Marsha Sinetar, in her book Ordinary People as Monks and Mystics, says that during the early history of the church, up to the 12th century, religious tradition encouraged contemplative personal religious experiences. During this time the “methodless” prayer of the monks wove prayer, meditation, and contemplation together. Then, in the 12th century, prayer began to be analyzed and categorized.
When I reflect on this, a certain truth about the organic wholeness of prayer resonates against the “categories” into which I’ve placed the routines of my own prayer life. Instead of wholeness to my prayer, I perceive it as various pieces. There is my morning and evening vocal prayer, the Mass, discursive meditation, these letters, and contemplative/centering prayer. I gather much information about prayer from books and various internet websites. What I conclude from them is that it’s true – most people do categorize prayer and analyze each category separately. And it’s because I’ve been exposed to so much of this categorization that | perceive it the same way in my own life.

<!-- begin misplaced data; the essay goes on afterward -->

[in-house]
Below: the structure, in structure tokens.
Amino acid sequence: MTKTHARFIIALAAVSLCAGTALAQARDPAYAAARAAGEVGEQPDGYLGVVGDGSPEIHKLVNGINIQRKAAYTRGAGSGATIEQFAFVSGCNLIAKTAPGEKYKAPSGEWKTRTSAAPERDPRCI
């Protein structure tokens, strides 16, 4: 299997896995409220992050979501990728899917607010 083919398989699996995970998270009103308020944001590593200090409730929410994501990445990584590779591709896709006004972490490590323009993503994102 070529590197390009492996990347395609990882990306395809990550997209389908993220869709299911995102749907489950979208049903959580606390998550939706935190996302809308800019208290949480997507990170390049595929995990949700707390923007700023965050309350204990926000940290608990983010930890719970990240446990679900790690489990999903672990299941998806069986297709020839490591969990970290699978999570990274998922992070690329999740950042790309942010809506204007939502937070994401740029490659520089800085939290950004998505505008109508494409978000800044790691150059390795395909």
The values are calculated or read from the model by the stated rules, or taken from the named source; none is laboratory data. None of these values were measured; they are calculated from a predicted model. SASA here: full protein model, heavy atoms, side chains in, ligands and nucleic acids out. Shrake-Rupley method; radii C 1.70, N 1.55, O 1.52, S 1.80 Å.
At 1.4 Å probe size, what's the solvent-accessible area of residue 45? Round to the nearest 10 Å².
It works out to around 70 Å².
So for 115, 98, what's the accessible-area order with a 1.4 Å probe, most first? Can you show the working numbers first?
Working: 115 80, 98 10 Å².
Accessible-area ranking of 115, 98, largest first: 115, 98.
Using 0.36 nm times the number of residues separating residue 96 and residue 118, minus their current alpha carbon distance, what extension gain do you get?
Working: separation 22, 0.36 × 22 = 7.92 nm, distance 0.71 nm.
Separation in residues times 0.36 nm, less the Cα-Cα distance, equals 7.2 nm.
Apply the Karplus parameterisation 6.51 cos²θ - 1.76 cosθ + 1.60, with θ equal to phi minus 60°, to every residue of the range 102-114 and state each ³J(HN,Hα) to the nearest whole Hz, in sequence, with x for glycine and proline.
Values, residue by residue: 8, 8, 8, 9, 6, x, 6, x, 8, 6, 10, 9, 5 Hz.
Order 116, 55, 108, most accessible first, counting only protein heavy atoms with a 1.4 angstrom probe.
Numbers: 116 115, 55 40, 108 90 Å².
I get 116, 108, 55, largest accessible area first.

But the truth that pops out of this, right from the very beginning, is that it’s all an error of perception. We give names to categories of prayer and so we perceive that they exist in reality. The categories generally describe an attitude, state of mind, posture, or level of consciousness, etc., but they are only descriptive of that – not of prayer itself. The act of placing oneself in the presence of God is an act that is substantially one essence with many attributes. There is not one idea behind vocal prayer, another behind meditation, and another in contemplation. All hold a place in the organic wholeness of our moment-to-moment relationship with You in the present.
So, the pre-twelfth century monks had it right. Our whole life is, ideally, the organic embodiment of prayer, We are prayer!